deadCenter Film Festival
Carol Littletons name appears in film credits for some of pop-cultures best-known films: Wyatt Earp, The Big Chill, The Manchurian Candidate, The Other Boleyn Girl and E.T. the Extra-Terrestrial. When asked which one the film editor was most proud of from her five-decade career, the Oklahoma City native said it was a difficult question to answer.
Every film I work on is with the same intensity and conviction, Littleton said. You never know which film will emerge as a classic, like E.T. At the time, you are devoted to it like a child. It is just another one of your children.
About a dozen years ago, Norman actor and resident Chris Freihofer began a casting agency to make movie and television producers jobs easier. When hired by a producer, Freihofer suggested actors and actresses who might be perfect for specific roles based on gender, age and physical attributes. Chris Freihofer Casting has worked with filmmakers Francis Ford Coppola, William H. Macy, Cameron Crowe, Nick Cassavetes and Oliver Stone, to name a few.
We are about to start casting our fourth film of this year, Freihofer said in late May. When I started in 2004, that didnt happen. We would work on one film a year, maybe.
The dedication, tenacity and accomplishments of Littleton and Freihofer earned them Oklahoma Film Icon awards at this years deadCenter Film Festival. The honor is bestowed upon Oklahomans who make a major impact on the film industry. Past winners include actor James Marsden, producer Hunt Lowry, makeup artist Matthew Mungle, director and educator Fritz Kiersch, distributor Bob Berney and producer Gary Frederickson.
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- Casting director, producer and actor Chris Freihofer receives deadCenter Film Festivals Icon Award. | Photo provided
To be among some of the names honored in the past I feel very undeserving, Freihofer said. But I am so appreciative.
Among Oklahoma actors and actresses, Freihofer is renowned for introducing locals to major and up-and- coming directors. In addition to his work as a casting director, Freihofer is known for his role as Dan Wachsberger on drama television series Breaking Bad.
Freihofer is a familiar face among deadCenter crowds. He has attended the event for the majority of its 16 years, and this year, he is connected to one of the films. Freihofer co-produced Heartland, written by and starring Velinda Godfrey. Heartland is the story of an artist who returns home to Oklahoma after the loss of a loved one.
She deals with love, loss and acceptance, Freihofer said. She makes some bad decisions falling for her brothers fiancée. It is a beautiful film. It is really well crafted. The characters are great. The performances are great. I am really excited for people to see this film.
Filmed in Oklahoma, Heartland participated in the Oklahoma Film Enhancement Rebate Program administered by the Oklahoma Film & Music Office. Debuting at San Jose, Californias Cinequest Film Festival, Heartland received the coveted audience award. (Read the Gazettes review of the film on P. 46.)
Freihofer hosts a panel discussion Casting, Auditioning and Acting with Heartland actors Laura Spencer and Godfrey noon-12:45 p.m. Saturday at ACM@UCO. It covers the process of auditioning, acting and developing careers.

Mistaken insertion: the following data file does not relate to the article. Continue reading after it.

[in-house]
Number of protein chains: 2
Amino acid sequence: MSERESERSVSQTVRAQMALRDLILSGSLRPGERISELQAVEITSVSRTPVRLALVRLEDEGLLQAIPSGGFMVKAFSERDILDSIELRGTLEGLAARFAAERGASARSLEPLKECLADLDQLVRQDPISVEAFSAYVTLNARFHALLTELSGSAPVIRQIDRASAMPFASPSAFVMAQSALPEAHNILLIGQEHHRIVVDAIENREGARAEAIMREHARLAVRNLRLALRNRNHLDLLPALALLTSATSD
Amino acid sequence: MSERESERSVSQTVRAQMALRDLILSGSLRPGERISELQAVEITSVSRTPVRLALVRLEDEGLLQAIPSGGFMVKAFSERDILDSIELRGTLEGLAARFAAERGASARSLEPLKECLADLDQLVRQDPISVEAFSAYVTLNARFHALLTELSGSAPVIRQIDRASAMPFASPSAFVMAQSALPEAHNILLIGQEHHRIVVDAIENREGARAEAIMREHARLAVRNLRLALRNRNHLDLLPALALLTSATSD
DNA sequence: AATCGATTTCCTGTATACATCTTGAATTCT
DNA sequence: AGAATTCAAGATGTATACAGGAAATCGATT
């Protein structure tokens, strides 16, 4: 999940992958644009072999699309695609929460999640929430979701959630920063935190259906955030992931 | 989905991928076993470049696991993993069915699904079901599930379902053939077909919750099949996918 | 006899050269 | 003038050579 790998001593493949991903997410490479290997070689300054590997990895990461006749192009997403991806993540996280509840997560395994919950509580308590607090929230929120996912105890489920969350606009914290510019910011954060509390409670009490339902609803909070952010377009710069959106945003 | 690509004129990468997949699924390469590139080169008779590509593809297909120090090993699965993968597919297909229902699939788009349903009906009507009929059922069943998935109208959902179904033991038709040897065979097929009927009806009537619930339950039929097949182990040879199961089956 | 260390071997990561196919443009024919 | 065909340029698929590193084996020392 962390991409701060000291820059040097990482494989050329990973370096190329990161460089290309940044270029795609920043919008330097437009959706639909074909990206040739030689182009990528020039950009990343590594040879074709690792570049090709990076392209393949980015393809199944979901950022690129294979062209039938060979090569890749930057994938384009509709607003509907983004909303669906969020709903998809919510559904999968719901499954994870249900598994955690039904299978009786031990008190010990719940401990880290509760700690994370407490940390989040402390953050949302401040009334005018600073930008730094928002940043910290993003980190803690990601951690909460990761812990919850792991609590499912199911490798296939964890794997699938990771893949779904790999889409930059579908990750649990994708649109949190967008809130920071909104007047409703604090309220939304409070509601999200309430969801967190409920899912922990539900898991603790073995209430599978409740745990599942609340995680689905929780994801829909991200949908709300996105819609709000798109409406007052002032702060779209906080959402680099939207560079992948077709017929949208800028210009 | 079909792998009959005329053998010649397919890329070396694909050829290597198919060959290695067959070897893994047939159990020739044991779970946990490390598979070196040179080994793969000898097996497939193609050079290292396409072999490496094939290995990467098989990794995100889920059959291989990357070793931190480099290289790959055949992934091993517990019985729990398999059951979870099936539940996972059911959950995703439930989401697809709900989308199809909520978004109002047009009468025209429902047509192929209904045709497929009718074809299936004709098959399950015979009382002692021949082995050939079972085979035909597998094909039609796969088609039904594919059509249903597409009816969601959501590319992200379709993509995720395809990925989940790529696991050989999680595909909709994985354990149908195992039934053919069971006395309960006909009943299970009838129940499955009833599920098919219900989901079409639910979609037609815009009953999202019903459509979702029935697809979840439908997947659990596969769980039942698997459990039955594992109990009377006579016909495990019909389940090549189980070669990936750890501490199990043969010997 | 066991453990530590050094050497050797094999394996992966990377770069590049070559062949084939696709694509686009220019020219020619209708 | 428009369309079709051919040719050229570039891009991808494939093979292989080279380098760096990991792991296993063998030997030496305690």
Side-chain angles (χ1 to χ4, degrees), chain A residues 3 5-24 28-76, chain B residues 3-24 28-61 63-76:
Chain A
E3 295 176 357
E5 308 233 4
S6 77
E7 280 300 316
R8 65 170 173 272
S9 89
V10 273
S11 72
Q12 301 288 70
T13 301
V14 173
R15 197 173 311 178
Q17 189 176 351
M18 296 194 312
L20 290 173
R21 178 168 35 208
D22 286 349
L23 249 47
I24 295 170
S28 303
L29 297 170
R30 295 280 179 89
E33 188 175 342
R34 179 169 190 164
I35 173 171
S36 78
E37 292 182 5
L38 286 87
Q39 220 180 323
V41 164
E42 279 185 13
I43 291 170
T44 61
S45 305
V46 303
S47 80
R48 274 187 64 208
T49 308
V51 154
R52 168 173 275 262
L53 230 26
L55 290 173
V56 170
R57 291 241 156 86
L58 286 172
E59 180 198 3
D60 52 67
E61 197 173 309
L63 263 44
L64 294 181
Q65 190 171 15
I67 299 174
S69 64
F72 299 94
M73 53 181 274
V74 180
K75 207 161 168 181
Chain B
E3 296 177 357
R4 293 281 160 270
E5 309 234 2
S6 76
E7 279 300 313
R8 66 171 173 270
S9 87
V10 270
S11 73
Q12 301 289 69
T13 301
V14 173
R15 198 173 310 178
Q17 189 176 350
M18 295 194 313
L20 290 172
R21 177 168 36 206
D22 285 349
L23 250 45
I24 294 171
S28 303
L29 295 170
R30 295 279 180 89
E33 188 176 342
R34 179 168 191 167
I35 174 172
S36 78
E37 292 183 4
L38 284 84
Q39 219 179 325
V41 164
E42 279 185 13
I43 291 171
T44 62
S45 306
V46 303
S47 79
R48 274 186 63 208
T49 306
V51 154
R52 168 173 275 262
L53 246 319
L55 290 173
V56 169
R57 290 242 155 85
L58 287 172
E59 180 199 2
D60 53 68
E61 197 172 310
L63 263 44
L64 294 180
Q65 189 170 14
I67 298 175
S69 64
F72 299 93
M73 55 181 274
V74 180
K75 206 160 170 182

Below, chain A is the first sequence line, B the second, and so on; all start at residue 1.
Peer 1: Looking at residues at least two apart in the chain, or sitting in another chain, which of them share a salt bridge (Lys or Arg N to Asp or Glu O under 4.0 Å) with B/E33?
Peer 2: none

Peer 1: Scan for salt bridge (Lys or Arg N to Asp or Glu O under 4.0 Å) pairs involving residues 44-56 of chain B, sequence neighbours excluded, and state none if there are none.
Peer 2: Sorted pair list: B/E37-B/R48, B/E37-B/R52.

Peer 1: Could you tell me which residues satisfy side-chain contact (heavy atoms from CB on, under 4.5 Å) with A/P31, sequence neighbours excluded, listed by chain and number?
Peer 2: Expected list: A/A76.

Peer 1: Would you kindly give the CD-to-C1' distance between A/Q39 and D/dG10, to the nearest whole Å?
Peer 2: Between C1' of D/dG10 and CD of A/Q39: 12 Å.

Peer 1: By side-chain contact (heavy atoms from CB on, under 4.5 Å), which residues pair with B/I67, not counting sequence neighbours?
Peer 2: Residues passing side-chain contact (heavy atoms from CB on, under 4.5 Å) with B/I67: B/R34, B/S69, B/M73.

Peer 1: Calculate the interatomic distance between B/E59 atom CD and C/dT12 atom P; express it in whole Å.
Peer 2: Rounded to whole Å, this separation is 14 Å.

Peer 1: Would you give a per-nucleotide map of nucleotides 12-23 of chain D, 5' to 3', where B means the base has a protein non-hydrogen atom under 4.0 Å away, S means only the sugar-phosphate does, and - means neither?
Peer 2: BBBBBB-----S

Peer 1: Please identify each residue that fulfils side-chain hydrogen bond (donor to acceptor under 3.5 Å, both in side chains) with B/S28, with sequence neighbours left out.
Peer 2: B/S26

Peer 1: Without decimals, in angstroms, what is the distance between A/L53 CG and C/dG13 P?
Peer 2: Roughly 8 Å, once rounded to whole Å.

Recognized as one of the Top 20 Coolest Film Festivals in the World according to MovieMaker magazine, deadCenter has made Littletons must-go list for the past several years. However, this will be her first year attending the premier summer event in Oklahoma City.
I can see it has grown every year exponentially, Littleton said. It excites me to see the film festival is part of the larger plan to revitalize downtown and have things for citizens of Oklahoma City to enjoy. I think film festivals are a wonderful event.
Born in Oklahoma City; raised in Miami, Oklahoma; and a graduate of the University of Oklahoma, Littleton began her film career in the 1970s making commercials. She first worked as a film editor on 1977s Legacy. In the early 1980s, Littleton was hired to work on director Steven Spielbergs E.T., which earned her an Academy Award nomination.
It has become a perennial classic. For a filmmaker, that is the best compliment one could ever have of ones work, Littleton said. When you start a film, you never know how it will be perceived. We were extremely surprised and gratified that the film has done so well all these years. It is just really quite miraculous.
The family-friendly tale about a gentle alien stranded on Earth who meets a boy is one of the free public screenings on the Great Lawn at Myriad Botanical Gardens. It plays 9:30-11:30 p.m. Friday. (Learn more about deadCenters free, public outdoor screenings at Myriad Botanical Gardens on P.44.)
Littleton said she often meets young filmmakers who say E.T. was one of their first movies to see in theaters. She also meets non-film industry folks who share affection for the film, which sends a message to viewers young and old to follow their hearts.
From 11 to 11:45 a.m. Saturday, Littleton and editor Beau Leland will discuss the art of filmmaking on a panel at ACM@UCO.
With advances in technology and easier access to equipment, Littleton encourages inspiring filmmakers to create.
Just see what it is like to make one, Littleton said. You will discover a lot about yourself when you approach digital filmmaking as an adventure.
deadCenter Awards Ceremony
9 p.m. Saturday
Myriad Botanical Gardens
301 W. Reno Ave.
Print Headline: First-class icons, deadCenter honors film editor Carol Littleton and casting director Chris Freihofer for their accomplishments in the industry.